It is hard to try and get along with people musically sometimes and that is where I started to dabble in doing the drums myself.. I think there is a shit ton of solo musicians out there that just need to be on either own to make it work fro themselves musically. And take note, I don’t consider myself a one man band. I create as much sound as I can and that is that. I feel I am no different than a guitarist using all of the strings and frets on a guitar or a Bob Dylan with a harp rack. These Foot Drums are not a gimmick or an act, there are the real deal.
How do you describe Pete Farmer’s music?
I am addicted to playing the Foot Drums because it allows me to express ALL of myself musically. Like John Lee Hooker once said, it is nice to get away from the band and just play what you feel. My music takes that felling and floats high and wide like a mighty river that has to find the ocean any way it can.
Which was the best moment of your career and which was the worst?
The best has to be that moment you enter a state of being where you are completely in the groove. Your feet, hands, and voice are all connected and there is nothing but the present. It is pure ecstasy. The worst thing that can happen is to have that feeling come crashing down because of a broken piece of equipment, especially when you have a100 people staring at you and have to stop their trance like dancing.
What experiences in your life make you a GOOD musician?
Give up trying to learn it ALL or memorize your song structures. Just go with the flow and let your feelings take over if they have to.
What are some of the most memorable gigs and jams you've had?
I have had some great moments playing for nothing on the street. The best compliment I have ever received was a homeless man who had been asking for spare change, give me what he had in his pocket as a thank you for the songs he was hearing from me.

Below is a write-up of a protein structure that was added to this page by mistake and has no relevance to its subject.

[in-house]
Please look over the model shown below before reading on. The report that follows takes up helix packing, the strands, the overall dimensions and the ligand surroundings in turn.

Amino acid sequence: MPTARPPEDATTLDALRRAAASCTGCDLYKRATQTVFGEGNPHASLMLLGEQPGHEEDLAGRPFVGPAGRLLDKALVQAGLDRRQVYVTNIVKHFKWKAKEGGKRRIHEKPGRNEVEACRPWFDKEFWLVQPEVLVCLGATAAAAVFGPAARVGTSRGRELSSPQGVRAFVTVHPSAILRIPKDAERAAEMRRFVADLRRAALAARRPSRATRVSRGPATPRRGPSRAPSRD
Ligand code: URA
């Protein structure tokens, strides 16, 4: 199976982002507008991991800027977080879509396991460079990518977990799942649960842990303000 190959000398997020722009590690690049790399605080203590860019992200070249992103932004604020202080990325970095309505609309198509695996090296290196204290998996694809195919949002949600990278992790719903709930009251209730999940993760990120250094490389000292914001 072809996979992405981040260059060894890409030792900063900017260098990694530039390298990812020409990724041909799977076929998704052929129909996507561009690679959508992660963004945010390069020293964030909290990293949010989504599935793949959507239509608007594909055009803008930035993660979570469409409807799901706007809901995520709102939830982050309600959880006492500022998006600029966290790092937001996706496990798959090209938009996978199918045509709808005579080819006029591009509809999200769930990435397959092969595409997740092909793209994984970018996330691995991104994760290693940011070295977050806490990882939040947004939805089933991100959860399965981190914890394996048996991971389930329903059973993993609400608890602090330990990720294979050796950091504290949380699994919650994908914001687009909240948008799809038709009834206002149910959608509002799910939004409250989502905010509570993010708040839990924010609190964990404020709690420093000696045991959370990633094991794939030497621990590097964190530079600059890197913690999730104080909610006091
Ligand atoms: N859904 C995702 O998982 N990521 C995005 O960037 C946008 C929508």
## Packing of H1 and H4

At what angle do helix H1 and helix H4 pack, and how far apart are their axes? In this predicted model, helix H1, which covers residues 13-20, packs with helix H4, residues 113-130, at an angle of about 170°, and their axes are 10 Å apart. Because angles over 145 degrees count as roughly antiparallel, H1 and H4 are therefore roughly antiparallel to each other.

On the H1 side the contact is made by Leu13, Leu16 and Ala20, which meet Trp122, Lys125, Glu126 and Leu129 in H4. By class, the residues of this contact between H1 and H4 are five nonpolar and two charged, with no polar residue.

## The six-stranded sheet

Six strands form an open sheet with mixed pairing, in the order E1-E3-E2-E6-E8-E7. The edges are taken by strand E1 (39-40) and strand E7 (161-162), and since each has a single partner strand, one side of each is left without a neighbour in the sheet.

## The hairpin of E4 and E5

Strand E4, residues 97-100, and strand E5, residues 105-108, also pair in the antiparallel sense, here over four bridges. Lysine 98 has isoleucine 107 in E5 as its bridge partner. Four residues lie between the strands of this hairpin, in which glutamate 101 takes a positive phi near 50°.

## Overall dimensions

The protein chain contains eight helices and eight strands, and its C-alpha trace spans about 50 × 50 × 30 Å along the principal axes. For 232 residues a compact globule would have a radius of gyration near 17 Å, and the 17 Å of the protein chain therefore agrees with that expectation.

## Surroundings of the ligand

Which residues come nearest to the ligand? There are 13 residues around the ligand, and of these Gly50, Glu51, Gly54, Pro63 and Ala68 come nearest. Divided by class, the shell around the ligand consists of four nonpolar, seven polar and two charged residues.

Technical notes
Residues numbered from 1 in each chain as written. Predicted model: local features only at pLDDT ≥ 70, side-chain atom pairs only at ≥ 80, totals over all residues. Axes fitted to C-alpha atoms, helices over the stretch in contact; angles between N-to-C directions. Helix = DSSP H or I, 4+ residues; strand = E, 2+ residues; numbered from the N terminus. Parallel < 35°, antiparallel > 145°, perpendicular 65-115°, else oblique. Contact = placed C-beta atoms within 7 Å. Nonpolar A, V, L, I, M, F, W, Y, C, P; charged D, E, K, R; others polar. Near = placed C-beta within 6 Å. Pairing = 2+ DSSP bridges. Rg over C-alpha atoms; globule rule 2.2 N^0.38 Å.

Tell me about the beginning of Farmer Musical Instrument Co., how did this idea come about?
It started out when I was in the wood shed making a guitar or something stringed, and then hearing his foot tappin just keeping the pulse of the music. From that moment on, I couldn’t play music unless I had some sort of beat with it! To me it is essential.
What characterize the sound of foot drums?
A full-bodied drum kit. No gimmicks, no fake sounds, and no amplification.
What are the secrets of foot drums?
The touch of the pedals is refined enough to play feather light sounds, but built enough to kick the hell out of it and still give back a great sound.
Was there anyone to introduce you to this particular kind of profession?
My father was kind enough to give me free reign in a small wood shop of his. It allowed me the comfort to go ahead and create things with what seemed like dangerous tools. Other than that, I learned how to make my Foot Drum creations with my imagination and ear as my guide.
How much time do you spend on an instrument?
I spend a good week or so on some aspects of building a few drums at a time. But since I am always learning how to build them and make them better, it will always take longer than I plan.
How difficult is the construction of an instrument?
VERY hard work, because it is all new designs with no help from previous generation of music builders.
Which artists play with your foot drum?
JJ Grey, Molly Gene, G Love, lot of IBC participants, Adam Gussow, and tons of local downhome style players.
To which bluesman do you want to send one from your foot drum?
I would LOVE for someone like a Keb Mo’ or Dan Auerbach to play one and see what they think. Once you try one, you kind of fall in love with the idea of having a drummer that is always playing at your pace.
What would you ask Jesse Fuller?
How the hell did you get the kazoo to sound as good as you do in your songs?!